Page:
Red Abstraction

Media - 1978.40.2 - SAAM-1978.40.2_1 - 52856
Copied Alma Thomas, Red Abstraction, 1959, oil on canvas, 4027 34 in. (101.670.5 cm), Smithsonian American Art Museum, Gift of the artist, 1978.40.2

Artwork Details

Red Abstraction
4027 34 in. (101.670.5 cm)
lower right in oil: A/Thomas/'59 back upper right in felt-tipped pen and ink: A-T 30 stretcher upper center to upper right in felt-tipped pen and ink: 1959 RED ABSTRACTION
Credit Line
Gift of the artist
Mediums Description
oil on canvas
  • Nonrepresentational
  • Abstract
Object Number

Artwork Description

Thomas began shifting from representation to abstraction in the late 1950s. She developed her signature style, using “stripes” of bright color, in the mid-1960s. Red Abstraction represents a moment in this evolution, before the artist moved into high-key color and acrylic paint. Rendered in oil paint, the painting testifies to Thomas’s persistent interest in the abstract forms and colors of nature. Its oranges and reds evoke the vibrant foliage of fall, while vertical swipes of black suggest the directional growth of trees.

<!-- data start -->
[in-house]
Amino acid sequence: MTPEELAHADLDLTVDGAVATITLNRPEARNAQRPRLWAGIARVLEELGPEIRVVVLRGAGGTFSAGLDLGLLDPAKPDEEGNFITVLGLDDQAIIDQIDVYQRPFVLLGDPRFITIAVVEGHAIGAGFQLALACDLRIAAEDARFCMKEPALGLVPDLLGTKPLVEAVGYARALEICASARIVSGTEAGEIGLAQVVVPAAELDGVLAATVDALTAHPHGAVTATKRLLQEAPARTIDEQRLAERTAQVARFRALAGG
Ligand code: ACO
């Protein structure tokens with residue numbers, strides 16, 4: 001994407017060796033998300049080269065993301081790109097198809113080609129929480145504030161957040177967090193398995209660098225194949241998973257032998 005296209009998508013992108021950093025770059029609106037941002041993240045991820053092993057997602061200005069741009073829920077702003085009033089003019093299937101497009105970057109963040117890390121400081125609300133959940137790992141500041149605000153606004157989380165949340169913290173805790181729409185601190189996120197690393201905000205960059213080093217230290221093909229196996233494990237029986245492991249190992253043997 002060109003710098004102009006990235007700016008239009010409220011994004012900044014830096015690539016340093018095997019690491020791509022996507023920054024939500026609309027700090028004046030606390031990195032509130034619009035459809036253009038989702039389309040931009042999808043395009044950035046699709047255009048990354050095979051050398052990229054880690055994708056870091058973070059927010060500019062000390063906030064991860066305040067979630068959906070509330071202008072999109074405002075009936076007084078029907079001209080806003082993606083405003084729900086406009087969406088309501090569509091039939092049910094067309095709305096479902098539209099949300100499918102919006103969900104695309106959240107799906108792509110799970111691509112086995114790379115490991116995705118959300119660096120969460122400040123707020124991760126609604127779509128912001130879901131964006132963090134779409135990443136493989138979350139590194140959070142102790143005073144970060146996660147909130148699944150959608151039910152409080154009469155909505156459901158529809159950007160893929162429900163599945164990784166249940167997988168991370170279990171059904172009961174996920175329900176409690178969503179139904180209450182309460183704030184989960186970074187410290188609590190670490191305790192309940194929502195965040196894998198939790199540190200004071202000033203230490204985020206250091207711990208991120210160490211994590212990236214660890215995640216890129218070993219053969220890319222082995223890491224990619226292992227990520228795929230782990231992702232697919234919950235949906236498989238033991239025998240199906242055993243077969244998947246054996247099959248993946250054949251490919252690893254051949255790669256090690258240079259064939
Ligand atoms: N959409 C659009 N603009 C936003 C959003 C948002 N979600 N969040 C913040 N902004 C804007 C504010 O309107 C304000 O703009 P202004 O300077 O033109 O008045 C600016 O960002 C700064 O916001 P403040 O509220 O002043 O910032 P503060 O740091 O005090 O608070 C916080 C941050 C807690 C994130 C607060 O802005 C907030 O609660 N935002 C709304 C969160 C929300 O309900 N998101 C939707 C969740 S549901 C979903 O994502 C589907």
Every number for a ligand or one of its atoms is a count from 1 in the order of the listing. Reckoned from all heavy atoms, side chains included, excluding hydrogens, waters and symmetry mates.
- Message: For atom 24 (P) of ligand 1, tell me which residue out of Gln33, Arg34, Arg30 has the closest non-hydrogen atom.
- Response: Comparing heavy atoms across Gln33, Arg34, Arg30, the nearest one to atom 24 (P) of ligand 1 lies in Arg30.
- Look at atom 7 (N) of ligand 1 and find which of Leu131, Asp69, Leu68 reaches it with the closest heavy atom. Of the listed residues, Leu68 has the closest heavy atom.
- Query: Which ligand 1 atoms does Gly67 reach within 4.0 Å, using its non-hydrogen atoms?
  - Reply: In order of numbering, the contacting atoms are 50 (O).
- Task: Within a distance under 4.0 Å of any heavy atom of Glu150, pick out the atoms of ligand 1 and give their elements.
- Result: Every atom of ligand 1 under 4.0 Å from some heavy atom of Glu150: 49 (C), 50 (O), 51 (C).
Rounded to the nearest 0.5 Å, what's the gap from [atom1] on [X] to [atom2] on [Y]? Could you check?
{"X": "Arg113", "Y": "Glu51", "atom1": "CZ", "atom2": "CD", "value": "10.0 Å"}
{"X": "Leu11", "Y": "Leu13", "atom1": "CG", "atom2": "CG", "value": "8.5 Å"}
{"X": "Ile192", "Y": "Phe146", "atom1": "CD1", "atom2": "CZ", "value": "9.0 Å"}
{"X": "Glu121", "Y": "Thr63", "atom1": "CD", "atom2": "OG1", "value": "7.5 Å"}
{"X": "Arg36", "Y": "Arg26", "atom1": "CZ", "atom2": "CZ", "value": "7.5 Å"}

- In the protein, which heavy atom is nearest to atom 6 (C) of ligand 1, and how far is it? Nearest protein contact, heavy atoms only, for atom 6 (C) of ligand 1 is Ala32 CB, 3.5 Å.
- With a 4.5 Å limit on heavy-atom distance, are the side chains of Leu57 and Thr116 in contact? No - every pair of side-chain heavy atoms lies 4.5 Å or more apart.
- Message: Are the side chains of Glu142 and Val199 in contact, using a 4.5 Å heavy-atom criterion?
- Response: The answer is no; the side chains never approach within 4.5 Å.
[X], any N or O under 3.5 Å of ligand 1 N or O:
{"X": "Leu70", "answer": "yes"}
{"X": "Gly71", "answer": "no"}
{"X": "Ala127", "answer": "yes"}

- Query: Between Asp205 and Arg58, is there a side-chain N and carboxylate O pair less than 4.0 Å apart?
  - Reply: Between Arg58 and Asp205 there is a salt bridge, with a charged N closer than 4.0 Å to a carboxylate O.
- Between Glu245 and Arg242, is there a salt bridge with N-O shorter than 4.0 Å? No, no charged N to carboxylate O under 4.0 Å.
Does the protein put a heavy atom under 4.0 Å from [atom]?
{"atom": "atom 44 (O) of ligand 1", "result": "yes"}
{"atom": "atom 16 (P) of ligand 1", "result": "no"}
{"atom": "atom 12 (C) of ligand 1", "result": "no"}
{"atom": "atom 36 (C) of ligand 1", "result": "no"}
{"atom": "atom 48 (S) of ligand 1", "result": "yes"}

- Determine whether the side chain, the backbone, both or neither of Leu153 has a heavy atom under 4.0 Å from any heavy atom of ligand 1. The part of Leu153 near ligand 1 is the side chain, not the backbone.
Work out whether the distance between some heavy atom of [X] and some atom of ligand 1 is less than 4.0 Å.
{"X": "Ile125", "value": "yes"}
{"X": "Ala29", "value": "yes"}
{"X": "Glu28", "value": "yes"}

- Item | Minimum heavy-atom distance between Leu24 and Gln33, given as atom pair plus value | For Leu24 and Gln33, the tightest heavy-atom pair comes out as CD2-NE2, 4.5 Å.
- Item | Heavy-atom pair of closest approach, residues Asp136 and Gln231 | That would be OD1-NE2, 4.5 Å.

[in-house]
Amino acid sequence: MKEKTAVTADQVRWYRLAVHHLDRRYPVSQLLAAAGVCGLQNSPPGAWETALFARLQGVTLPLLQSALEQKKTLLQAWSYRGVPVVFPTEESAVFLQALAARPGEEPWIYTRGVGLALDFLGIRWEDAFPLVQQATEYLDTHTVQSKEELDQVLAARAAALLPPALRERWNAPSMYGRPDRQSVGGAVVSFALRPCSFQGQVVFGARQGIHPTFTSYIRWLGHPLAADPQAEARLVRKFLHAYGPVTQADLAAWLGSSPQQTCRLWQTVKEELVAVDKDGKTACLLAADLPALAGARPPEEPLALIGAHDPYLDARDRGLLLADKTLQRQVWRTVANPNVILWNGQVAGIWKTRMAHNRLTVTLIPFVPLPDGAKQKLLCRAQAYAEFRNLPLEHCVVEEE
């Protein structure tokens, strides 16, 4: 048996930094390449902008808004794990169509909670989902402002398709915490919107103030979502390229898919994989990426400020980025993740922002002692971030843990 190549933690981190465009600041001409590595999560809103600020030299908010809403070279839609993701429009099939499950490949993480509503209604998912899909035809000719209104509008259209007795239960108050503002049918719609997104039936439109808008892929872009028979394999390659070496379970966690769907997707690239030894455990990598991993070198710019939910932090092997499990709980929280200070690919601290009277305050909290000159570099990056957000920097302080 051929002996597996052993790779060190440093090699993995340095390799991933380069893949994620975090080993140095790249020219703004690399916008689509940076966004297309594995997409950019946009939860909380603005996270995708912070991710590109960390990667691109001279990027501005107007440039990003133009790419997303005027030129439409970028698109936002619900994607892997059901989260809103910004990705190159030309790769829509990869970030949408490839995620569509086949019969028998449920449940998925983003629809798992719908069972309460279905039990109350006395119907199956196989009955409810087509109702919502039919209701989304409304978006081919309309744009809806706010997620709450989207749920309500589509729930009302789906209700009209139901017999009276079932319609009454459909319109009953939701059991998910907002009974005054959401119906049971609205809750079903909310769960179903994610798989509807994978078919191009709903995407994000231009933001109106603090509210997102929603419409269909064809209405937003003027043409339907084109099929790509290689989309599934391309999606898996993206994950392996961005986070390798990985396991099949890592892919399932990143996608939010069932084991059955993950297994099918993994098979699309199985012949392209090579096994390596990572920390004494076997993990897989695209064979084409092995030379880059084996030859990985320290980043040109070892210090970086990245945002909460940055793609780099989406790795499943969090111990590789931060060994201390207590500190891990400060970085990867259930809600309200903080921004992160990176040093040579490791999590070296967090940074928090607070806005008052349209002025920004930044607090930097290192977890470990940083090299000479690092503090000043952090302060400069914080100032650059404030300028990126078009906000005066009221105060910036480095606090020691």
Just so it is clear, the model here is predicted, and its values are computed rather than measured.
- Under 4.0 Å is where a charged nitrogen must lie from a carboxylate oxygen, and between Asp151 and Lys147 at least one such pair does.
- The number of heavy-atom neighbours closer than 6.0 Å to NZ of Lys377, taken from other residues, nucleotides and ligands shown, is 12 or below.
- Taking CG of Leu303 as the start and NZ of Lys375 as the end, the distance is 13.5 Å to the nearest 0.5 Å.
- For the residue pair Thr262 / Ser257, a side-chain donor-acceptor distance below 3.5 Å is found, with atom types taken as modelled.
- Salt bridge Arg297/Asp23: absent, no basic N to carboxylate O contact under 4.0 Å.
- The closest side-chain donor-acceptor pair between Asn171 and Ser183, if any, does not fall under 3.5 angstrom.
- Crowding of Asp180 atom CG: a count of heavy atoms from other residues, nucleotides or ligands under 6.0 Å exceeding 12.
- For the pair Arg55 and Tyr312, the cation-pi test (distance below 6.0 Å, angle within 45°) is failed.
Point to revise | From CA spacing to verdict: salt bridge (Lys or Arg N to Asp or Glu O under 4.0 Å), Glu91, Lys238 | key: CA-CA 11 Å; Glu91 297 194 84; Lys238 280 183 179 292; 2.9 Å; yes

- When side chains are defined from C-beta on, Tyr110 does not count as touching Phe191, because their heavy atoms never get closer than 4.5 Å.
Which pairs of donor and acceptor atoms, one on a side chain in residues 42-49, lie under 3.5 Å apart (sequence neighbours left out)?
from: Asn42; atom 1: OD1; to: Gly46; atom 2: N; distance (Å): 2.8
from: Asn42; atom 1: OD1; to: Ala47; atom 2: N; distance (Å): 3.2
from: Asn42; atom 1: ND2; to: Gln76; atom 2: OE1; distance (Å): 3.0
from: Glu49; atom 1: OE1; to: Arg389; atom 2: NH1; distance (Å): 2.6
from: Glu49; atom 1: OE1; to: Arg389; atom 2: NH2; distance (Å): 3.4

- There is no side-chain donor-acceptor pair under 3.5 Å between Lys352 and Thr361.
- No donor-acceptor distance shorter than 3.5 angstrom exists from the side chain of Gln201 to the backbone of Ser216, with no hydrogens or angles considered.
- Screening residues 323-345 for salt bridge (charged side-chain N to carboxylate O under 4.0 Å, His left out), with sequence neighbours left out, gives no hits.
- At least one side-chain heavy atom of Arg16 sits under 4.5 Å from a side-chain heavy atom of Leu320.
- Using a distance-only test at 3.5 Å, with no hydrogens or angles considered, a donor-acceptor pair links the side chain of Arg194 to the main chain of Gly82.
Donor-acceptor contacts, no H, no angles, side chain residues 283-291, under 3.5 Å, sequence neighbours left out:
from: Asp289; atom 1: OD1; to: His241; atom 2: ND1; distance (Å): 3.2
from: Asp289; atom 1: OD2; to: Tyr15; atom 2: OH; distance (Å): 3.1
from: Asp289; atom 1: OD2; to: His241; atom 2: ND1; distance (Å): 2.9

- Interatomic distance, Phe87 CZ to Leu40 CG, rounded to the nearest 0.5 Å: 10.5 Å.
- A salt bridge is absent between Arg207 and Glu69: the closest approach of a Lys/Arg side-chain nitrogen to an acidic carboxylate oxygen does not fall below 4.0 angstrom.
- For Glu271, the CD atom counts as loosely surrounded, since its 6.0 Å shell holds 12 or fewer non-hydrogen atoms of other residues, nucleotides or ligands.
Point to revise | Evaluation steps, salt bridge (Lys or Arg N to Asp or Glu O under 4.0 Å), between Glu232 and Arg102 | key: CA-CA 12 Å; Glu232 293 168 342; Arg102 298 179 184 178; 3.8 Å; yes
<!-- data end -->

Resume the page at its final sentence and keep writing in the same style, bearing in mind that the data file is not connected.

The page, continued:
Luce Center Label

Alma Thomas was inspired by the garden outside her window and painted images that suggest light flickering through leaves and petals. She used dabs and strokes of paint to express the "new colors through the windowpanes" that appeared every time the plants moved in the wind (Alma Thomas: Phantasmagoria, Michael Rosenfeld Gallery, 2001). Here, the reds, browns, and greens create a warm, heavy mass in the center of the image, which contrasts with the paler shades around the edges. The earthy tones evoke the changing of the leaves during fall, when treetops appear to burst with vibrant color.



Media - 1978.40.3 - SAAM-1978.40.3_2 - 137737
Composing Color: Paintings by Alma Thomas
September 15, 2023June 2, 2024
The exhibition Composing Color: Paintings by Alma Thomas provides an intimate view of Alma Thomas’ evolving artistic practices during her most prolific period from 1959 to her death in 1978.